pend upon the type of x-ray machine used, and 
the thickness and density of the parts to be radi- 
ographed, varying with different patients accord- 
ing to age and structural make up. 


Correct Exposure and Development of X-Ray 
Plates and Films 

X-ray plates and films differ from those used 
in ordinary photography in that their emulsion 
is more sensitive and better adapted to record 
the shadows produced by the x-ray. Therefore 
they should always he used in preference to ordi- 
nary plates and films. 

The same general photographic rules apply to 
x-ray plates and films as apply to the ordinary 
kind, except perhaps that they demand a greater 
degree of accuracy and care throughout the proc- 
ess of exposure and development, if the very best 
results are to be obtained. 

X-Ray Plates 

X-ray plates are supplied by the manufacturers, 
packed in light-proof boxes containing one dozen 
plates. They are obtainable in any desired size, 
but for dental and oral radiography, a 5x7 plate 
is large enough. If stored in the laboratory, they 
should be kept in a lead-lined box prior to their 
preparation for exposure, or they will become 
"fogged," as light-proof boxes offer no protec- 
tion whatever from the x-ray. 

In their preparation for exposure, each plate 
is placed in two light-proof envelopes, one of 
which is black and the other red or orange in 
color. Such envelopes are furnished by plate 
manufacturers and are obtainable in the desired 


size. The transference of the plate from its orig- 
inal box to the envelopes must, of course, only be 
done in the photographic dark room. The plate 
is first slipped into the smaller envelope which is 
usually the black one, with the emulsion side of 
the plate facing the smooth side of the envelope 
(the side free from seams or overlapping edges). 
The envelope containing the plate is then placed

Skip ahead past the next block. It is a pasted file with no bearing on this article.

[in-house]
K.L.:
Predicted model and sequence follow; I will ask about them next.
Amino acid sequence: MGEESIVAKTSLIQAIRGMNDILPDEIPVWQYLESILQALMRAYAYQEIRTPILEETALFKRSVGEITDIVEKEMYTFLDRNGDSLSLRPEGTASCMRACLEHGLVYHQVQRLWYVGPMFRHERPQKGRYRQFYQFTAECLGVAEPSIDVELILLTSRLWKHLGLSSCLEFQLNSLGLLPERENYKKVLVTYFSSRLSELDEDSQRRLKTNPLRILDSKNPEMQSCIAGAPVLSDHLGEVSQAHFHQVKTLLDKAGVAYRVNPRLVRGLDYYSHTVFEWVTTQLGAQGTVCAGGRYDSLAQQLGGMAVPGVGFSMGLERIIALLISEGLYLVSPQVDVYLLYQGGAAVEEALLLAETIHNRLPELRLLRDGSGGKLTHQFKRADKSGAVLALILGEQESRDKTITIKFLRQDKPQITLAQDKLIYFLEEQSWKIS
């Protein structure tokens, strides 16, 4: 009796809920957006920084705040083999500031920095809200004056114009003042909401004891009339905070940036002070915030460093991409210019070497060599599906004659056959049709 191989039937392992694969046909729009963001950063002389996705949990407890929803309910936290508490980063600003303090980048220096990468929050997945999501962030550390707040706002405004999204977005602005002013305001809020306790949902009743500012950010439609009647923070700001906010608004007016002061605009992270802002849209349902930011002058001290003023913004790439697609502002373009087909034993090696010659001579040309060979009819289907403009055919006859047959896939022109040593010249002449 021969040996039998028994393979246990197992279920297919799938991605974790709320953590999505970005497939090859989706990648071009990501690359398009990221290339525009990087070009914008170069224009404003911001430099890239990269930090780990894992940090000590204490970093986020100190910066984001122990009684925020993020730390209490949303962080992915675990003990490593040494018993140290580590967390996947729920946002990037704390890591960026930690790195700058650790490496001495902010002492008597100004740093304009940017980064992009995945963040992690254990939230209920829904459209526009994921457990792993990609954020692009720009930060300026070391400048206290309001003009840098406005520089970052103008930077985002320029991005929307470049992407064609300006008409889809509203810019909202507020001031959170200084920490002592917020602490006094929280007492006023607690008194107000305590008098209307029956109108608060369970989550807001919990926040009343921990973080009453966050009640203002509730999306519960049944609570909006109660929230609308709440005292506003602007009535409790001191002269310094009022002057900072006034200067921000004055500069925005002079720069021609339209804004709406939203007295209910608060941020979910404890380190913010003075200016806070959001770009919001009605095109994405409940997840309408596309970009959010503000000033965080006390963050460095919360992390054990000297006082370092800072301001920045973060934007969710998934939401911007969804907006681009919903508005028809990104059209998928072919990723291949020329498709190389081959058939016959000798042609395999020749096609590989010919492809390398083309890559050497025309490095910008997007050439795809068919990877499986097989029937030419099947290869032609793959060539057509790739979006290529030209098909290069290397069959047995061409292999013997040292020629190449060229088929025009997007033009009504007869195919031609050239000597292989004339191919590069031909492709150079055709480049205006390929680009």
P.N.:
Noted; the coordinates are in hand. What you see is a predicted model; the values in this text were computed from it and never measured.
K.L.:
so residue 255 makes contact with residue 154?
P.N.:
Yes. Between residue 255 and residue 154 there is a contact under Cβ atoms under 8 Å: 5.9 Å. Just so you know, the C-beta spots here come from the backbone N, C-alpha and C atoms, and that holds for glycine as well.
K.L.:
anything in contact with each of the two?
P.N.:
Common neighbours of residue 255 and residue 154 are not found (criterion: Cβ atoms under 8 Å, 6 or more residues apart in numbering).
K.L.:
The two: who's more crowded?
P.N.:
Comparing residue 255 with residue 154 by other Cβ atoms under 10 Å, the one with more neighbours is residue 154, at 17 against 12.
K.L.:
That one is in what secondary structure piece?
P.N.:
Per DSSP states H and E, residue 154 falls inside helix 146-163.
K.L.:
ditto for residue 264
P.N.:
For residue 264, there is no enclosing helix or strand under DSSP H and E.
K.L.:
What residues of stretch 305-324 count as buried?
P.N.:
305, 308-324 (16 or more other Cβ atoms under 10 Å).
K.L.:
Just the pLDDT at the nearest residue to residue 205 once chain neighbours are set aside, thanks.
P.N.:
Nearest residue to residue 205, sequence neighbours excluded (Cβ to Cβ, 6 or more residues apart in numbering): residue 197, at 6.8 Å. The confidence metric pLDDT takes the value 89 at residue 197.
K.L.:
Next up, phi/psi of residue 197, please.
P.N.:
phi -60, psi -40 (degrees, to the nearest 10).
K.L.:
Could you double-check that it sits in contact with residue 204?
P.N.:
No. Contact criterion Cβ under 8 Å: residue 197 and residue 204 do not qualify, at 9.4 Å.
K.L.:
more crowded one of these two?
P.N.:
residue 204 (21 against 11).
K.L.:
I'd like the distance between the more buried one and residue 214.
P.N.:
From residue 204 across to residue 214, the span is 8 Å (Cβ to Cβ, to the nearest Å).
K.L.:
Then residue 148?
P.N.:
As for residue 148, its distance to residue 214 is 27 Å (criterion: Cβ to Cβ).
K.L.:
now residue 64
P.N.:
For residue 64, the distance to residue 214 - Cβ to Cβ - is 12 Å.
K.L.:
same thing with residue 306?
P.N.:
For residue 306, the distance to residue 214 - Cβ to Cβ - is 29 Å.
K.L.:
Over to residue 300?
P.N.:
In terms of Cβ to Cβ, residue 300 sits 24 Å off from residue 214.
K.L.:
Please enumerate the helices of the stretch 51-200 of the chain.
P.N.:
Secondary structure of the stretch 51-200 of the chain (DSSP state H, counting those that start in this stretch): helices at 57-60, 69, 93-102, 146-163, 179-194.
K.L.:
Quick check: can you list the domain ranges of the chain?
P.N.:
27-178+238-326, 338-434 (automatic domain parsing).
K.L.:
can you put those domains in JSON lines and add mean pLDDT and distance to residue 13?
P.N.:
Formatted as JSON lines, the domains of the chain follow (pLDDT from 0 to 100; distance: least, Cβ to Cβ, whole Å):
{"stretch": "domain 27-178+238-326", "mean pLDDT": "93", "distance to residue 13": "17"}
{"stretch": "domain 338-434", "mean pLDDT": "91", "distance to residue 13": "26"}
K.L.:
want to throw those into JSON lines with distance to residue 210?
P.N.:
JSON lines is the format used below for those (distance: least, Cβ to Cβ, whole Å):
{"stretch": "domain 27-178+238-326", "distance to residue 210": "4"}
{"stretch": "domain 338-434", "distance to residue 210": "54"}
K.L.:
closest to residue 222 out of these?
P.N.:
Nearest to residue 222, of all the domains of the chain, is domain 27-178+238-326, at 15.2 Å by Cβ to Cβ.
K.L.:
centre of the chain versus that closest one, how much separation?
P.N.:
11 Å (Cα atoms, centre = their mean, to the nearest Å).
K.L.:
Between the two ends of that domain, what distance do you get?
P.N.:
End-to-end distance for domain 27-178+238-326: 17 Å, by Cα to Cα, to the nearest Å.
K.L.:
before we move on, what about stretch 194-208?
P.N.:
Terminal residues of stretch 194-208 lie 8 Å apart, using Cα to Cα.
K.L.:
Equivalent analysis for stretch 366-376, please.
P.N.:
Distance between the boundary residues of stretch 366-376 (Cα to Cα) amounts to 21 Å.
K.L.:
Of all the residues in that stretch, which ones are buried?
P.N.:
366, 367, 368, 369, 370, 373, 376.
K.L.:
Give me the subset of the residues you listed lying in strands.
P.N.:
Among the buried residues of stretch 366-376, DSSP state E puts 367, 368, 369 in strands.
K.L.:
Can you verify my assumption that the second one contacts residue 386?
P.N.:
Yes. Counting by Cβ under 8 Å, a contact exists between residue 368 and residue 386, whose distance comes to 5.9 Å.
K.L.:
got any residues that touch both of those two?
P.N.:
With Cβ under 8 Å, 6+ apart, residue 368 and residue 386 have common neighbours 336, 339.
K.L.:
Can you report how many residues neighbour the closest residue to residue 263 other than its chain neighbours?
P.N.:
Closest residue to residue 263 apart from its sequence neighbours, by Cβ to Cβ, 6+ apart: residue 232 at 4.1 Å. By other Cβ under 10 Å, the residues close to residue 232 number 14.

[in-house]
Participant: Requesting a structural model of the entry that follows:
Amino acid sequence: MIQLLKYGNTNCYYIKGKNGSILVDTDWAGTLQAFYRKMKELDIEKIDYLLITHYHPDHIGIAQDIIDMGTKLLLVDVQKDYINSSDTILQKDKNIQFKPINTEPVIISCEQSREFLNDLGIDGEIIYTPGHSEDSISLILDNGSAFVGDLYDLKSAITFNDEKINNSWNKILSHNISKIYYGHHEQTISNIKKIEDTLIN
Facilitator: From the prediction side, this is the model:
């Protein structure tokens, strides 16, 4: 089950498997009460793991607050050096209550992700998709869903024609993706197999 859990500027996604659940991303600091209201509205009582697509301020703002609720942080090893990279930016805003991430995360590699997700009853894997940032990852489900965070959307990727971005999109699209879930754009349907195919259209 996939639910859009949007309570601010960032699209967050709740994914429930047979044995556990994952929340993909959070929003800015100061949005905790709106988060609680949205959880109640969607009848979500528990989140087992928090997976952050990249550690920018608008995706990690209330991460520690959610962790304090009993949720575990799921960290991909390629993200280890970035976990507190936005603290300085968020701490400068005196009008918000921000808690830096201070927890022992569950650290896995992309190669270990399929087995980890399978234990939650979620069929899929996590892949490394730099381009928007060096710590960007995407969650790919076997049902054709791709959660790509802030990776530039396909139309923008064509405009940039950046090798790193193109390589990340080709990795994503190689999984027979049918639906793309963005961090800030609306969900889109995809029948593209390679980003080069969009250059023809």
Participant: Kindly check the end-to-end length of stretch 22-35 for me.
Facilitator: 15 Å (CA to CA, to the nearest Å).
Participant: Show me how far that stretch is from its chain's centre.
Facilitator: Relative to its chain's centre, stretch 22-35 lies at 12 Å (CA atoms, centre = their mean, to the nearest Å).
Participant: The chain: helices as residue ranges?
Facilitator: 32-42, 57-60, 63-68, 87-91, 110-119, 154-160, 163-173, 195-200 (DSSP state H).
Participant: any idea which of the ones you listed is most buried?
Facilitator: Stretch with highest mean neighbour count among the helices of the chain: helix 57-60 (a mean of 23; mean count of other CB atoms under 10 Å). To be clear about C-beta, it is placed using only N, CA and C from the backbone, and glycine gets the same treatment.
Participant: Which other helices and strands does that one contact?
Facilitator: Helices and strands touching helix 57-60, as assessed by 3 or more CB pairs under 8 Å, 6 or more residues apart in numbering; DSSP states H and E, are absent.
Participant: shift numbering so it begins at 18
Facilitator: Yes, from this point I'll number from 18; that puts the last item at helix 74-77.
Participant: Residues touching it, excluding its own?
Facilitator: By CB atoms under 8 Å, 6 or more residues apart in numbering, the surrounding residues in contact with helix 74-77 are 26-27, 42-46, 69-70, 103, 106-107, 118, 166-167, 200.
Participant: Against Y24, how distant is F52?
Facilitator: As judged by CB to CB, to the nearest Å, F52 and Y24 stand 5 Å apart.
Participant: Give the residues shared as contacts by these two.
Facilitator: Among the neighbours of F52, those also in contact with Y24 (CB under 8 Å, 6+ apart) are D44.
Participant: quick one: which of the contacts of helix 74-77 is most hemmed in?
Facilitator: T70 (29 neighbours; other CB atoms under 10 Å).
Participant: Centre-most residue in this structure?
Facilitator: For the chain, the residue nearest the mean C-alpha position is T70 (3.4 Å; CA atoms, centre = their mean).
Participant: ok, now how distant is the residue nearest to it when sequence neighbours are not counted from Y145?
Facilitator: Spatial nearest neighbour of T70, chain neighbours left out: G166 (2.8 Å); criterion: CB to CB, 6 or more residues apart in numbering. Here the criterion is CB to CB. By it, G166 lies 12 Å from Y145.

in the larger or yellow envelope, flap-end first, 
with the smooth side of the inner envelope fac- 
ing the smooth side of the onter one. Plates pre- 
pared in this way are then ready for exposure and 
can be placed back in the lead-lined box until 

In "loading these envelopes," care should be 
taken lest the emulsion of the plate become 
scratched, as scratches even though they be very 
slight will often curtail the value of the finished 

It is not advisable to keep large quantities of 
plates loaded in envelopes, unless they are to be 
used within a few days, as the contact of the pa- 
per with the emulsion will in time affect it ad- 

All "brands" of x-ray plates are not the same, 
therefore if the best results are obtained in us- 
ing any particular kind, they must be handled in 
strict accordance with the manufacturers' in- 
structions. For dental and oral radiography, a 
plate should be fairly rapid (that is, it should 
not require a long exposure), give a high degree 


of detail and good contrast, and should be uni- 
form in its reaction to the x-ray. 

X-Ray Films 

In making intra-oral radiographs, a film is 
preferable to a plate as it is flexible and there- 
fore can be more easily adapted to the inside of 
the mouth. These films are obtainable in several 
convenient sizes, wrapped in light-proof and 
damp-proof coverings ready for exposure. Like 
plates they should be kept in a lead-lined box for